Garfield County Commissioners will discuss a permit for a natural gas pipeline today.

 

Courtesy of RFTA.com

The Roaring Fork Transportation Authority bought into a solar array last year, but the forecast doesn’t look so bright.

Alycin Bektesh / Aspen Public Radio News

The “Living Lab” project that widened Castle Creek bridge for pedestrians and cyclists is being removed today and tomorrow.

Courtesy of Colorado Parks and Wildlife

This fall, as thousands of hunters head into the Roaring Fork Valley’s backcountry, they may find more mountain lions, but fewer elk. Environment reporter Elizabeth Stewart-Severy has the details of this year’s hunting landscape.

Courtesy of Wilderness Workshop

Aspen City Council voted unanimously last night to keep the water rights to build reservoirs on Maroon and Castle creeks. The vote comes despite public opposition.

Aspen Public Radio News

Jeremy Jones is the founder and president of Protect Our Winters (POW), a climate change advocacy group made up of winter sports athletes. He caught up with environment reporter Elizabeth Stewart-Severy at an event as part of last week’s ski industry get-together “The Meeting” to talk about his work in the past decade.

Aspen Public Radio News

The Roaring Fork Transportation Authority and a statewide advocacy group spoke to Colorado’s transit needs yesterday.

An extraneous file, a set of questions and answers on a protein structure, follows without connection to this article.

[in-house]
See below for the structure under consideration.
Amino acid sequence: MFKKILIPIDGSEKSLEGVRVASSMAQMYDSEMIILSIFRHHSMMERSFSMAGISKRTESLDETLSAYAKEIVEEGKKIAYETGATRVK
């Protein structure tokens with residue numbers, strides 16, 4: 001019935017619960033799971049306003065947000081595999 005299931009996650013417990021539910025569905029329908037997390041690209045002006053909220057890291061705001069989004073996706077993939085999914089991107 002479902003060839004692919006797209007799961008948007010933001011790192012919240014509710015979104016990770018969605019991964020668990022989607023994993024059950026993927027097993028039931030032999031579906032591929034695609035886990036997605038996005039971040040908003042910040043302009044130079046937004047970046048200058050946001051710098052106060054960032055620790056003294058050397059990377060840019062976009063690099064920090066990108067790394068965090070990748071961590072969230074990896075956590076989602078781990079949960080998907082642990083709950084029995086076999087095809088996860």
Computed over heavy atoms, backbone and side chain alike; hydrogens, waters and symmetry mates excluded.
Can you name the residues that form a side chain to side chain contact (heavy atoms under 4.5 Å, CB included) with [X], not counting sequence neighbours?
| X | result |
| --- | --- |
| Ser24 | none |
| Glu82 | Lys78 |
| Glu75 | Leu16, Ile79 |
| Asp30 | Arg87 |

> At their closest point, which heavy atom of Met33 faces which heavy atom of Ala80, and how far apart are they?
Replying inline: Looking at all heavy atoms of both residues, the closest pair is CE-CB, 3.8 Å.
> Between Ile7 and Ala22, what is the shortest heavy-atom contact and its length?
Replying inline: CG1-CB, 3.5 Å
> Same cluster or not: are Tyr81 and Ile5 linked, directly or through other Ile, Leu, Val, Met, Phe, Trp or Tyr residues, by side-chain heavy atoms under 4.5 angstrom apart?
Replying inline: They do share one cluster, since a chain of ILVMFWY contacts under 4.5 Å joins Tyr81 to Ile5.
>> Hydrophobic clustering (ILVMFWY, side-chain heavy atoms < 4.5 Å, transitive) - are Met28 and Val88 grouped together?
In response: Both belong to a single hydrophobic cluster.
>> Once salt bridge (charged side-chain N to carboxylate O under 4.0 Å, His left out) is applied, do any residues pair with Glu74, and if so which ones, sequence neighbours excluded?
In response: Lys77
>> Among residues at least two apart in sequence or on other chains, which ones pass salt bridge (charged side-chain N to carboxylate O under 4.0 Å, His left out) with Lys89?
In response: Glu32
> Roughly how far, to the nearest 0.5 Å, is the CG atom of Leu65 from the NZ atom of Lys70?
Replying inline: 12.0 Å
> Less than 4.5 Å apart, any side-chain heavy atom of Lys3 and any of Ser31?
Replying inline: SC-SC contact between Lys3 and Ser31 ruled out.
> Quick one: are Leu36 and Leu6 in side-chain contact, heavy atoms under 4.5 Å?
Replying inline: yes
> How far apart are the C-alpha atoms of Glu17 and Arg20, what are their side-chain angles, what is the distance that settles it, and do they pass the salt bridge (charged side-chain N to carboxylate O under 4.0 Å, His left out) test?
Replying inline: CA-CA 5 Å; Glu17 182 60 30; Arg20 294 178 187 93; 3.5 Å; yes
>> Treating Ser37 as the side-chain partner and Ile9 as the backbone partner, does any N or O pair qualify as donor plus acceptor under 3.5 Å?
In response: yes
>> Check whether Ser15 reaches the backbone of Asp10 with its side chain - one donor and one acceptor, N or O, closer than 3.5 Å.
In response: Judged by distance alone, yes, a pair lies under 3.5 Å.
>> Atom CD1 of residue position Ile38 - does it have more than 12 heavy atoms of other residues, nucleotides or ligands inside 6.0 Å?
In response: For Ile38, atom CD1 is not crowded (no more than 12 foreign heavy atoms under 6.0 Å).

Courtesy of www.goco.org

The board for Great Outdoors Colorado (GOCO) meets in Carbondale on Thursday and Friday.  

The organization uses Colorado Lottery revenue to provide grants to projects that protect and enhance Colorado’s parks, trails, wildlife and open spaces. Since its inception in 1992, GOCO has given about $18.5 million to Eagle County, $10.2 million to Garfield County and $7.6 million to Pitkin County.  

Aspen Public Radio News

A semi-truck carrying rocks to the Basalt whitewater park construction area overturned Tuesday afternoon. It spilled about 5 gallons of diesel fuel and a small amount of hydraulic fluid on the ground. Contractors contained the spill, and Pitkin County Environmental Health Manager Kurt Dahl said in a statement that he was confident it was contained. Project engineers will assess the site today.